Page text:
Above photo: Thousands of union workers at Kaiser Permanente facilities across the country have voted to authorize an unfair labor practices strike if an agreement with management is not reached by Sept. 30. Danielle E. Gaines.
Joining thousands across the nation on strike against Kaiser Permanente.
Some 3,800 union healthcare workers in Maryland, Virginia and Washington, D.C., are threatening to go on strike at the end of this month if the leadership at Kaiser Permanente and the union cannot agree to a new contract addressing staffing shortages and low pay for workers.
According to a Monday statement from OPEIU Local 2, which represents 8,000 workers in the region, about 98% of health care workers from the union voted to authorize a strike to protest “unfair labor practices” if no agreement is reached by Sept. 30.
The health care workers represented by OPEIU Local 2 union include optometrists, pharmacists, nurses and certified nursing assistants. The union includes a variety of technicians involved in health care too, including surgical, imaging and emergency department technicians.
The OPEIU Local 2 union has voted to join thousands of other Kaiser Permanente workers planning to strike on Sept. 30 over contract negotiations, including health care workers in Colorado, California, Oregon and Southwest Washington. Maryland has about 30 Kaiser Permanente-affiliated centers across the state, according to the Kaiser Permanente website.
A primary concern is what the union called “unsafe” staffing shortages, which “can lead to dangerously long wait times and rushed in-person care.”
The group claims that if the strike takes place, it could be the “largest healthcare strike in U.S. history.”
The coalition of unions and Kaiser Permanente last negotiated contracts in 2019, before the COVID-19 pandemic took hold in the United States. The pressures of the global health crisis “worsened working conditions and exacerbated a healthcare staffing crisis,” according to the Monday press release.
“Kaiser used to hold itself out as the best place to get care and the best place to work, but it is now failing at both. Kaiser can and must do better,” Linda Bridges, president of OPEIU Local 2, said in a written statement. “We are demanding Kaiser bargain in good faith, stop violating the law, and address the healthcare staffing crisis.”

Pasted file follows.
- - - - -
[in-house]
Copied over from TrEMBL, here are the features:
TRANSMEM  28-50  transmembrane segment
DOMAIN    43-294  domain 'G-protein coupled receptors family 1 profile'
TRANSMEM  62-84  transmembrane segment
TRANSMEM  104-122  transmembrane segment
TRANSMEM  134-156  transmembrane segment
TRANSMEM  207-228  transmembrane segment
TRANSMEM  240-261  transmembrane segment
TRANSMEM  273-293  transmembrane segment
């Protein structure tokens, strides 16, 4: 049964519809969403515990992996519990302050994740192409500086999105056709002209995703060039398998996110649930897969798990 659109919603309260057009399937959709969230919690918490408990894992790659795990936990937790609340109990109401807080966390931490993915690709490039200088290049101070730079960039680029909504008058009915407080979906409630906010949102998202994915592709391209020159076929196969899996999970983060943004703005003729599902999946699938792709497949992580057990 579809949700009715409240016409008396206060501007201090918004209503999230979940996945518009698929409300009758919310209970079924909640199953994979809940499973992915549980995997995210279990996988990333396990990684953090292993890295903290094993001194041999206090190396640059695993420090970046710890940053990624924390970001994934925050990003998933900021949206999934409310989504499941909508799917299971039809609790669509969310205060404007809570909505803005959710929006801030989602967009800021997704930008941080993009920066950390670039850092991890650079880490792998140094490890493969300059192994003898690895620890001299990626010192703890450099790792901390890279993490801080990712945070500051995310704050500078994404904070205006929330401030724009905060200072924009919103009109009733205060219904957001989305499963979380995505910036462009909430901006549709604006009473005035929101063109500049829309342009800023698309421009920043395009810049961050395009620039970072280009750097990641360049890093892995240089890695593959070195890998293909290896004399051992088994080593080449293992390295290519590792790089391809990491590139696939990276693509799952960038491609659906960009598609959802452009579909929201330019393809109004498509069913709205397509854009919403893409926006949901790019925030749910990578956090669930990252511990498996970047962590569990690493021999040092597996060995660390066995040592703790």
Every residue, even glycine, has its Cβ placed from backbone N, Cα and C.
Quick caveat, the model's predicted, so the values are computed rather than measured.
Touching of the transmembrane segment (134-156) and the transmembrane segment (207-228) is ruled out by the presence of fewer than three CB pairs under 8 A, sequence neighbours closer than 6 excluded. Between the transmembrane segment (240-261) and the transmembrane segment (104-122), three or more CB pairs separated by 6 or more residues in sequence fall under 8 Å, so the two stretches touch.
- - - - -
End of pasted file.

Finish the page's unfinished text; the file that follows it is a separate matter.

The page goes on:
The union argues that decisions from Kaiser Permanente executives have contributed to the staff issues, including cutting bonuses for frontline workers, insufficiently raising wages to match the rising cost of living and offering low wages for entry-level workers that are not competitive with fast food service or retail work.
In a written statement released on Monday, Kaiser Permanente said that the strike authorization vote was “a disappointing action.”
Kaiser Permanente noted the parties involved have two more bargaining sessions scheduled this week, before the Sept. 30 deadline.
“We are confident we’ll reach an agreement before the national agreement expires on September 30 that strengthens our position as a best place to work and ensures that the high-quality care our members expect from us remains affordable and easy to access,” the Kaiser statement said.
Kaiser argued that the wage grievances by OPEIU Local 2 are misleading, claiming that current proposals would set a $21 an hour minimum wage, when the union is asking for $26 an hour. The nonprofit health organization also argues that they’ve put millions into continued education and training opportunities for employees to help deal with staffing concerns.
“We take any threat to disrupt care for our members seriously and have comprehensive plans to ensure continued access to needed health care services, should a strike occur later this year,” according to the written statement.
The union countered that Kaiser Permanente has made $3 billion in the first six months of 2023, based on a recent financial report from the company.
“Workers say that Kaiser is committing unfair labor practices and also that under-staffing is boosting Kaiser’s profits but hurting patients,” according to a union statement. “In a recent survey of 33,000 employees, 2/3 of workers said they’d seen care delayed or denied due to short staffing.”